Mentor’s size was the #2 reason why I moved to Riverside High, which has a logical layout of two floors with straight hallways except for a shorter, right-angle turn at the west end. (Getting lost so often in Mentor competed with my #1 reason for leaving Mentor: The most important subject taught at Mentor in the ‘60s was Football I, II, III and IV). All my life I have had a negative attitude about football at all levels, which has placed me at odds with about 90 percent of the country’s residents.

RHS did and does have minor challenges, primarily because of its back side, which has many  doors that were unlocked on school days. It took quite a while for me to orient my brain as to which door went where and which was the closest way to the office. There were many incidents in which my brain said, “Well, here I am in the auditorium instead of the access to upstairs.”

To compound it, a one-flight stairway went up to a small landing with an always- locked door at the top, as if it had no purpose whatsoever. Once, I even explored the hall and room from the inside and could not locate that door where it seemed it should be, finally concluding it was designed to drive me crazy, (and for those to whom this means anything, it seemed a miniature version of the Winchester House in California).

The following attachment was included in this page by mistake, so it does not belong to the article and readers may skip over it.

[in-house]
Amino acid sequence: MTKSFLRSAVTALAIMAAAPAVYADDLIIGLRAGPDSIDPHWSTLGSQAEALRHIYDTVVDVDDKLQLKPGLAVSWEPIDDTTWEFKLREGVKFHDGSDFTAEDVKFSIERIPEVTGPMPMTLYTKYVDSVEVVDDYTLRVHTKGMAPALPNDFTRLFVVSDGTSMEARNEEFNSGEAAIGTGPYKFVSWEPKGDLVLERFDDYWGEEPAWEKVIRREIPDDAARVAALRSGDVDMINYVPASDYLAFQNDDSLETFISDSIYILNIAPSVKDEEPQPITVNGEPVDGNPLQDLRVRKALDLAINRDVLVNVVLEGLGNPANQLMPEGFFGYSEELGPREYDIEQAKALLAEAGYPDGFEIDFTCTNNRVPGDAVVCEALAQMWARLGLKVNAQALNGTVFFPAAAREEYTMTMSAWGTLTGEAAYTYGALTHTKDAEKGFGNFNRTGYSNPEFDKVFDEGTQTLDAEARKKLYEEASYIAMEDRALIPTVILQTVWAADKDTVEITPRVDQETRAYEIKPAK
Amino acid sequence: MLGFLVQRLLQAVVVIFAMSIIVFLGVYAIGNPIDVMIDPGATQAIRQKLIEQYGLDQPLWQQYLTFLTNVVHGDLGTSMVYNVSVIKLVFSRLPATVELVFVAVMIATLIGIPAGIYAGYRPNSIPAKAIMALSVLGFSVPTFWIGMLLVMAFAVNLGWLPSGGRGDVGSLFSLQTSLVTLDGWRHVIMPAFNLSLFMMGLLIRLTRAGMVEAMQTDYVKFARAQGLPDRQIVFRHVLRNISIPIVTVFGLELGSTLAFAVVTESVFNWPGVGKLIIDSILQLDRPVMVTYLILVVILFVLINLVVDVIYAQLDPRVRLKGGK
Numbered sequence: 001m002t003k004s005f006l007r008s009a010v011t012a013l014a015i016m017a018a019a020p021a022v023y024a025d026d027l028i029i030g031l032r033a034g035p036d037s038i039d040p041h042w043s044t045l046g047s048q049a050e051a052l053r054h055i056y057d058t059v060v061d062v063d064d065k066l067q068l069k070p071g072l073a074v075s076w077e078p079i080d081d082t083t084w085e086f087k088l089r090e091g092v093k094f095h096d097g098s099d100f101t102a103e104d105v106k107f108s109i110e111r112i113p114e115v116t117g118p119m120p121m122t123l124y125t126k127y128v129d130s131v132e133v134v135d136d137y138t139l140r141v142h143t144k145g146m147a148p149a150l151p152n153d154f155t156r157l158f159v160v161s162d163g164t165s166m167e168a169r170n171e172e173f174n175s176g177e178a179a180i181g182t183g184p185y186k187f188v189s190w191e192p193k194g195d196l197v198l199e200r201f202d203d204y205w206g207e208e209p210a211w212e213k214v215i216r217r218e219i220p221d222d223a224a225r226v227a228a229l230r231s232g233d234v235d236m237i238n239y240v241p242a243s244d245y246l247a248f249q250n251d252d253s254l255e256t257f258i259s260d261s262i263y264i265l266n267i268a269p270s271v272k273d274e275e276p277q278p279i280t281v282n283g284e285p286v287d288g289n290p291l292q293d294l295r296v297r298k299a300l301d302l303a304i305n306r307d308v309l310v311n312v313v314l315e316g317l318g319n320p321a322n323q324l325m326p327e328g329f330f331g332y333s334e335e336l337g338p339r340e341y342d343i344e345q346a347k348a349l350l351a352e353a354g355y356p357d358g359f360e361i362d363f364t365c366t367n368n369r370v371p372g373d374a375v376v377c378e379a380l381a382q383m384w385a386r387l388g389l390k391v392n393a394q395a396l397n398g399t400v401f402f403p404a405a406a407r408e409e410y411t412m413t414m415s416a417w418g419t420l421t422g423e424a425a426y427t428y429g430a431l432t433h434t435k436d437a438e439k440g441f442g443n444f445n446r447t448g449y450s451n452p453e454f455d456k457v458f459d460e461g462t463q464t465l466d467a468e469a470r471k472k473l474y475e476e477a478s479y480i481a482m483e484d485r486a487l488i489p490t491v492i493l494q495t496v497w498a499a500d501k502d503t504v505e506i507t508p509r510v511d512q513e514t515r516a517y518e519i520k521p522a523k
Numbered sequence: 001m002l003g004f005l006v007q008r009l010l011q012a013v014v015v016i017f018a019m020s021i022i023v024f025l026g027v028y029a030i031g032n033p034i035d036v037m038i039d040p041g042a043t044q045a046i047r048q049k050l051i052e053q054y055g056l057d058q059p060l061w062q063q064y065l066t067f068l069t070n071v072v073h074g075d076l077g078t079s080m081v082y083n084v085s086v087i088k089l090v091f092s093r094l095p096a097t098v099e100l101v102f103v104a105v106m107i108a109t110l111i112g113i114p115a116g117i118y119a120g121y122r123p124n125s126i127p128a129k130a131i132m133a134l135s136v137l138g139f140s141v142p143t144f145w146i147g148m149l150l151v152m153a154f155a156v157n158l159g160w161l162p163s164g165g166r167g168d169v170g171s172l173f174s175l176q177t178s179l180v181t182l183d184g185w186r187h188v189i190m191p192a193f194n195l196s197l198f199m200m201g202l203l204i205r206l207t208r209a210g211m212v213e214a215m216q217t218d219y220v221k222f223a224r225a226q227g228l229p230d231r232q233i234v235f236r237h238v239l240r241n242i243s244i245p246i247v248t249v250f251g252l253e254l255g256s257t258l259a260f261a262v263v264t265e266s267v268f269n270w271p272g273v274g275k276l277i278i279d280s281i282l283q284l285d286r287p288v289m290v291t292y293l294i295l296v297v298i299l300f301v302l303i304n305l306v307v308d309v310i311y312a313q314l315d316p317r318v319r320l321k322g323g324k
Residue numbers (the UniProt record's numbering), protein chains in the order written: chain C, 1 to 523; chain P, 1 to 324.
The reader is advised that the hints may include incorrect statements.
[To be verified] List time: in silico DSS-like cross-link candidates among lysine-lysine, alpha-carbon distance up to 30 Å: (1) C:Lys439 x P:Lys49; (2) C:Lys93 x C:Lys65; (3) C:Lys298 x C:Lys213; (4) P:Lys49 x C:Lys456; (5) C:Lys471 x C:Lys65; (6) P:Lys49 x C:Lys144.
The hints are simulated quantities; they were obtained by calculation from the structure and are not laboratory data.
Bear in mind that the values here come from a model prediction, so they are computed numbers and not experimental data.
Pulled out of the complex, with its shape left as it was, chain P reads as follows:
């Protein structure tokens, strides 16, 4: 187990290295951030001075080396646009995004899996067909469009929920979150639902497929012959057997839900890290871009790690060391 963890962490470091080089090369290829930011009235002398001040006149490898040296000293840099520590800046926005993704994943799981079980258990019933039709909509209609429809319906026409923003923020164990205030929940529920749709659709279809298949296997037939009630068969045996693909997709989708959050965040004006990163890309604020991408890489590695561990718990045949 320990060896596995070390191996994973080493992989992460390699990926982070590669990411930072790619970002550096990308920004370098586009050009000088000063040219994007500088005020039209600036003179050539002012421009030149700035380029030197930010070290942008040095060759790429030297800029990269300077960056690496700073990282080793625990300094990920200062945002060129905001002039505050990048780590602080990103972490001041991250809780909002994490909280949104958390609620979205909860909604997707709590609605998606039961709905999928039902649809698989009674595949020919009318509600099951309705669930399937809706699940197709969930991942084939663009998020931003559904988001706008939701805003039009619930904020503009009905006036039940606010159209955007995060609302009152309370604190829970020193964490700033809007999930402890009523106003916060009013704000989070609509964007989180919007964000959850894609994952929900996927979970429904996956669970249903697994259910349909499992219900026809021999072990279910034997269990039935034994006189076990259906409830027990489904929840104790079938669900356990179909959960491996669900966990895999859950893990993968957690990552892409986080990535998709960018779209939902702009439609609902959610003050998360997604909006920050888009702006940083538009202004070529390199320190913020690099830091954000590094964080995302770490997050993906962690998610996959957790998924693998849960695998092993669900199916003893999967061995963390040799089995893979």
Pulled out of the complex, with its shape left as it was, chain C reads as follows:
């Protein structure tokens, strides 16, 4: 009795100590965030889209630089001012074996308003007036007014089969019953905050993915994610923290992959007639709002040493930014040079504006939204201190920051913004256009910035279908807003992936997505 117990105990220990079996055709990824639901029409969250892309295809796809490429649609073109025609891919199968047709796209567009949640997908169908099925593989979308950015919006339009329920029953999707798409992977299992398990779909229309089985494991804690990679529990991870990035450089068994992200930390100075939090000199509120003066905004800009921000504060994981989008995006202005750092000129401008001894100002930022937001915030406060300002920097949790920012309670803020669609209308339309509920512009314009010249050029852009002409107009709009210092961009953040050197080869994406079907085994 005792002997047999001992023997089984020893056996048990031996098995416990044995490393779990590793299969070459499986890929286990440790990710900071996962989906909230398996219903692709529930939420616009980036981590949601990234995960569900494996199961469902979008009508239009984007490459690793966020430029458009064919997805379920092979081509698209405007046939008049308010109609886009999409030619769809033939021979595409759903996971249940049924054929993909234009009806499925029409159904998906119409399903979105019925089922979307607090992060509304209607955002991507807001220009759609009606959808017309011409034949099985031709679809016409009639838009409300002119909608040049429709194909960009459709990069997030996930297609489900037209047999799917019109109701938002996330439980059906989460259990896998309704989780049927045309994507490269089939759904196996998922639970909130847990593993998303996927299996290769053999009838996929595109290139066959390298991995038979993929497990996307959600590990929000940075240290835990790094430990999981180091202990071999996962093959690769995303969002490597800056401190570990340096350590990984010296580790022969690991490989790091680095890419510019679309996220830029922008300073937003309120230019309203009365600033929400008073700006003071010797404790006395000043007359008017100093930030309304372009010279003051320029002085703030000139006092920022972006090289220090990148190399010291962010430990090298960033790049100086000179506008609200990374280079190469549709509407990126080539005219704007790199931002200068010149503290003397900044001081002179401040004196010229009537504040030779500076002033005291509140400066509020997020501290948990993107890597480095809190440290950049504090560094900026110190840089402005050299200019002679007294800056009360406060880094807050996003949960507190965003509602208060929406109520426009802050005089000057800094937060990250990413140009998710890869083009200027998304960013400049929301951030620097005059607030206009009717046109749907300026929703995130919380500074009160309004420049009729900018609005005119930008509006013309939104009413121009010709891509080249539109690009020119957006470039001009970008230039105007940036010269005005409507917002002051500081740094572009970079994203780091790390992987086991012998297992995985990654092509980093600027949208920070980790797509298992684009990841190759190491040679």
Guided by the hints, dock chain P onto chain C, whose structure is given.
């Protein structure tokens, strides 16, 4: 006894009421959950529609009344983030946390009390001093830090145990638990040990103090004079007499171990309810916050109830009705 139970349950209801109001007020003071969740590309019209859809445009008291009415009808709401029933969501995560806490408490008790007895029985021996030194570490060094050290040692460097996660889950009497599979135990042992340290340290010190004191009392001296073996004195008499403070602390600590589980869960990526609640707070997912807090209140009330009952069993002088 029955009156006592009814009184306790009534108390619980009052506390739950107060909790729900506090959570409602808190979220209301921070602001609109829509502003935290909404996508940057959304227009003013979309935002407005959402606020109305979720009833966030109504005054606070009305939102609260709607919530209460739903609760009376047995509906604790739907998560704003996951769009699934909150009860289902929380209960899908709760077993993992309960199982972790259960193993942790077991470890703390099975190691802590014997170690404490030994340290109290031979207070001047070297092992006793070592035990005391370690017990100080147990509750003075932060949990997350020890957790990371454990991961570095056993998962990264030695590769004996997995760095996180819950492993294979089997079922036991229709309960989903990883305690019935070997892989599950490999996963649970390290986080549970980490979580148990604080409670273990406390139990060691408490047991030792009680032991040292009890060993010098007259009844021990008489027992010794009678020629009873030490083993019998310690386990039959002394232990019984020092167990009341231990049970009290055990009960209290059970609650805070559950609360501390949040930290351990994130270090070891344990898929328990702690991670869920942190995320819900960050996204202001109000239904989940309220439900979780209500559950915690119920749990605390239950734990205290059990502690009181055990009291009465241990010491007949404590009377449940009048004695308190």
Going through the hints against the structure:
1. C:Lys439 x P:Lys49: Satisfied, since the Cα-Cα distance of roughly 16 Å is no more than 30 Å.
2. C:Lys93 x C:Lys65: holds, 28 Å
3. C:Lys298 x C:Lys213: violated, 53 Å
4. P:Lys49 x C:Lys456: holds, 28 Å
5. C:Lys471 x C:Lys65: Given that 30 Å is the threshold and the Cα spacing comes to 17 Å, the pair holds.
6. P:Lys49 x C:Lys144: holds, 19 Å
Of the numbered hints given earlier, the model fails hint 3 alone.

The reader might have noticed, from the above paragraphs, that a huge number of my lost miles were in Lake County. Just imagine what it was like when I tried going somewhere in BEACHWOOD, dangerously close to a big city-- let alone to ENGLAND and GERMANY. Veni, vidi, non vici. (I came, I saw, I did not conquer, but I knew taking Latin in high school would prove useful someday, and there it is.) Another interesting thing about taking Latin was when the subject of foreign languages came up in class, sometimes the kids asked me what language I had taken. Upon replying “Latin,” I could see running through their heads, “See there, she really is ancient.”)

Perhaps with this pause, some of you may have looked up the Winchester home in your encyclopedias. (Oops – that should be on the Internet, Smartphones or almost anything except a book). If so, and you now think Sarah Winchester was directionally challenged, wait until you “follow me” into Beachwood – yes, the one in Ohio.

See you for the rest of this journey in Part II.